#### 2011-06-30: Professor Layton and the Diabolical Box, Puzzle #132

Categories: Puzzles Racket

I try to solve a puzzle of some kind every morning. I use Sudoku, Picross, and often, Professor Layton. Sometimes it is convenient to write a program to solve some of the more annoying "search" puzzles. I’ll post the Racket programs with a little bit of commentary.

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This is for Puzzle 132. Here is the puzzle:

> Two brothers have inherited their parents’ five-piece art collection. According to the will, the older brother will get a set of paintings worth twice what the younger brother gets. In order to ascertain the value of the paintings, the brothers called in an appraiser, who valued each painting as shown below. For his services, the appraiser was promised the one painting left over after the brothers divided the art according to their parents’ wishes.

> Assuming that individual paintings can’t be divided, which one does the appraiser get?

There is then a picture of five paintings with prices underneath. They are: A worth 20,000, B worth 60,000, C worth 55,000, D worth 45,000, E worth 95,000.

I encoded this information into a vector in Racket:

 (define paintings (vector 20 60 55 45 95))

We won’t keep track of the labels, we’ll just remember that, for example, 0 is A and 4 is E. Also, we divide everything by 1,000 so we don’t have to type so much.

The basic algorithm we’ll use is a trivial search: try assigning each painting to each brother and stop when the value of the older brother’s paintings is twice that of the younger.

The trick, however, is that we’ll represent the assignment as the older brother’s set combined with the younger brother’s set. We’ll do this simultaneously with a bit-vector, where the 1s indicate that the older brother gets it and the 0s indicate that the younger brother does. We’ll independently pick one painting which will be "left over" that the appraiser will get. Here’s the main loop:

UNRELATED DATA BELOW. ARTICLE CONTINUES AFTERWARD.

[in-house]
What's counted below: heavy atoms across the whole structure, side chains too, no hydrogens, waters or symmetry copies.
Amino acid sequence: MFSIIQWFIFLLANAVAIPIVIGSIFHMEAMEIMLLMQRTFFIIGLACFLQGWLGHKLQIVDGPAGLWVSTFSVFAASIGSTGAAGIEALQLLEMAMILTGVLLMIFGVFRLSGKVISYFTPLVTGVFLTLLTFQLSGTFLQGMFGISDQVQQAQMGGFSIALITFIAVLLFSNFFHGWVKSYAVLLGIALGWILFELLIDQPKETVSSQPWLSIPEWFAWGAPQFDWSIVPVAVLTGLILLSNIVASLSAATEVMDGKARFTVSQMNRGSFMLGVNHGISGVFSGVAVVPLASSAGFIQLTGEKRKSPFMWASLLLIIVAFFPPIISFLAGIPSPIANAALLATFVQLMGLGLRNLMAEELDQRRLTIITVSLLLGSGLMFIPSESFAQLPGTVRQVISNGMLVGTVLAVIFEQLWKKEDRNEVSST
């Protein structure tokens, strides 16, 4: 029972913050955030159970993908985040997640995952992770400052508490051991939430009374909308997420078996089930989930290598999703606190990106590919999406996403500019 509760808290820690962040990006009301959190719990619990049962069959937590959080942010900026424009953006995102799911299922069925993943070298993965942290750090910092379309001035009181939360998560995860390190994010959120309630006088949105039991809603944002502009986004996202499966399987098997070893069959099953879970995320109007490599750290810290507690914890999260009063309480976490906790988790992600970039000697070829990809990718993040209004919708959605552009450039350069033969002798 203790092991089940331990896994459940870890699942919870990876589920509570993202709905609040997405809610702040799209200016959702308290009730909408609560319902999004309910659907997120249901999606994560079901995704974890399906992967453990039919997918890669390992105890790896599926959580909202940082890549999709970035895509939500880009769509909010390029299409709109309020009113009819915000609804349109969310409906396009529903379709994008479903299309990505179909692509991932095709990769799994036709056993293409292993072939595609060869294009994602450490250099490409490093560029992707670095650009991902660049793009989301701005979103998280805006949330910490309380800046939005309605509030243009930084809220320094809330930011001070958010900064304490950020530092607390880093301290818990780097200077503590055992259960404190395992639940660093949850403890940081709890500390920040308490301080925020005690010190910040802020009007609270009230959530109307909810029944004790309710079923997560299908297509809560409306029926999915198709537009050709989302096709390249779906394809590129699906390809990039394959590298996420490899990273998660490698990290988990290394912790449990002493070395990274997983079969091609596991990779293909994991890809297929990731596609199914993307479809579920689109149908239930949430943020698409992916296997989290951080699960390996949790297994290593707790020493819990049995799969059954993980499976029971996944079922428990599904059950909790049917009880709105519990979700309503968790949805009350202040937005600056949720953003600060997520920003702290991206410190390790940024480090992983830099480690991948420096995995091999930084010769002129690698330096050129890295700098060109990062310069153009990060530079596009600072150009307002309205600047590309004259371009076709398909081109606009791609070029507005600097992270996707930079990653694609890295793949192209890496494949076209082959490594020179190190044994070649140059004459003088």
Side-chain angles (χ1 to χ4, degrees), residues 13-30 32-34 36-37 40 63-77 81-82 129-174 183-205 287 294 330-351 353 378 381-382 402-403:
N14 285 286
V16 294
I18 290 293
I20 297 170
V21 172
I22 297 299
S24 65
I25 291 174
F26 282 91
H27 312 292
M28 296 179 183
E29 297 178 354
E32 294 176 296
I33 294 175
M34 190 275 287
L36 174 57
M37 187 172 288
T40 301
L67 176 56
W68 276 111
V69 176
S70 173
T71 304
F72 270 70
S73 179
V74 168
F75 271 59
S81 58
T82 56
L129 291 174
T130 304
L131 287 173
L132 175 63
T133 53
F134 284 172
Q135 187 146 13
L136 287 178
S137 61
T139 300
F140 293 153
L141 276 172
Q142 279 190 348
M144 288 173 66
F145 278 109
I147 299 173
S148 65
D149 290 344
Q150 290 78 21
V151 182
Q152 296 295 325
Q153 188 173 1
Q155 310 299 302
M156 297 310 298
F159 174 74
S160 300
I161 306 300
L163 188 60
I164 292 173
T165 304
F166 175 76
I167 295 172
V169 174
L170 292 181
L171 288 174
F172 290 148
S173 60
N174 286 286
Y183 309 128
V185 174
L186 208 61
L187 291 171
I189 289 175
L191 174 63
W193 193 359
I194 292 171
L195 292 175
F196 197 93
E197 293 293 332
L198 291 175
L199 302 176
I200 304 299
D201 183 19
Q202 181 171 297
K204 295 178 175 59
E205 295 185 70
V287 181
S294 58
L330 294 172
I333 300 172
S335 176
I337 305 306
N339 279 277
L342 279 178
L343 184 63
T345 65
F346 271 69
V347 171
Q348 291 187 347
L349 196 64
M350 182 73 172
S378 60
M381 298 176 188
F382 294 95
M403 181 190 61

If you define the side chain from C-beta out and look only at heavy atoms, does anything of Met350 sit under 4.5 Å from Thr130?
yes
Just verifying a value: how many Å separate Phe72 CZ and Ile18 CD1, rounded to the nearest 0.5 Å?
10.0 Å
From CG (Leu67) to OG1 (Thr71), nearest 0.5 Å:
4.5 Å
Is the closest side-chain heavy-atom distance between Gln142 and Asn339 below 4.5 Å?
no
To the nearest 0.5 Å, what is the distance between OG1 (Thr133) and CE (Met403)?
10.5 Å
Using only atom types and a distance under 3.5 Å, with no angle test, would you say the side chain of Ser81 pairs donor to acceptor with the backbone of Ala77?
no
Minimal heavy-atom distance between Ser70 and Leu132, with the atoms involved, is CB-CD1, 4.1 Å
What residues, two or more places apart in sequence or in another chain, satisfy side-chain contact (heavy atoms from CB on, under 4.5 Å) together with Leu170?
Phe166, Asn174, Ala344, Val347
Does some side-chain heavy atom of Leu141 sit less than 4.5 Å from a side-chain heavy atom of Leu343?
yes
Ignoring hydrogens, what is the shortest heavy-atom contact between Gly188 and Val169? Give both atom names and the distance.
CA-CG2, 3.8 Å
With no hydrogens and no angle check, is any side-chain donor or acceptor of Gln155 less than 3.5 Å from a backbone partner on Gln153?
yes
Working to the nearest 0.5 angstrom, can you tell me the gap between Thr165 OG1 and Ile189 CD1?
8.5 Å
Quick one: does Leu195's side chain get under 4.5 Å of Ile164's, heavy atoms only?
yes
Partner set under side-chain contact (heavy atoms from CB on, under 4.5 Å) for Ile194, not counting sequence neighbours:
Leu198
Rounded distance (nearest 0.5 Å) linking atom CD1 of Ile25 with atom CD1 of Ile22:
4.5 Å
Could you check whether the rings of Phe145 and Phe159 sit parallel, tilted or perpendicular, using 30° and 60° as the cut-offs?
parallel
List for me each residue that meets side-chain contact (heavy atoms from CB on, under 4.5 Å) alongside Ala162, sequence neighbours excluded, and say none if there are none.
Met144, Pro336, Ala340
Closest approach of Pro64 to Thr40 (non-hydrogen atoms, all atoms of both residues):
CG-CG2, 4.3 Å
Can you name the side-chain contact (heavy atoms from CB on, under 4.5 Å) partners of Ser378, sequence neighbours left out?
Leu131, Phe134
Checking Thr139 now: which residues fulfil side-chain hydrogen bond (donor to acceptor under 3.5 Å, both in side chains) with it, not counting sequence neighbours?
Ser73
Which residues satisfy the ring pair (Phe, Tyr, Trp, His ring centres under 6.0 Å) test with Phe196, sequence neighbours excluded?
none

(for* ([assignment (in-range (add1 31))] [appraiser (in-range (vector-length paintings))]) (define older-value (assignment->value assignment appraiser #t)) (define younger-value (assignment->value assignment appraiser #f)) (when (= older-value (* 2 younger-value)) (return appraiser)))

One thing to note here: for* is like a nested forwe loop over the assignments /and/ loop over every painting each round. (This, by the way, means that we do twice as much work because we consider both assignments for the appraiser’s painting.)

Two other cute things: First, we use a literal binary number to write down the completely full set, but we have to add one to actually visit it. Second, the assignment->value function (below) will take an argument to determine whether to add up the 1s or the 0s. Here’s it’s definition

 (define (assignment->value assignment ignored which) (for/sum ([painting (in-range (vector-length paintings))] #:unless (= painting ignored)) (if (eq? which (bitwise-bit-set? assignment painting)) (vector-ref paintings painting) 0)))

The for/sum variant adds up the result of each iteration of the loop, the #:unless clause skips the iteration where the appraiser’s painting is considered, and the if determines which brother we’re considering.

If you know anything about Racket, there may be one more confusing thing about the code in <valuation>... return! Expressions in Racket don’t normally have non-local returns like that. How can we make the inner area of the loop stop and return the appraiser painting that works? It’s simple: bind return to an escape continuation:

 (let/ec return )

Was this faster or slower than doing it the old fashion way...? Who knows.

Can you work out what the answer is...?

By the way, if you use this code at home, make sure you put the code in this order:

<*> ::=
 (vector-ref (vector 'A 'B 'C 'D 'E) )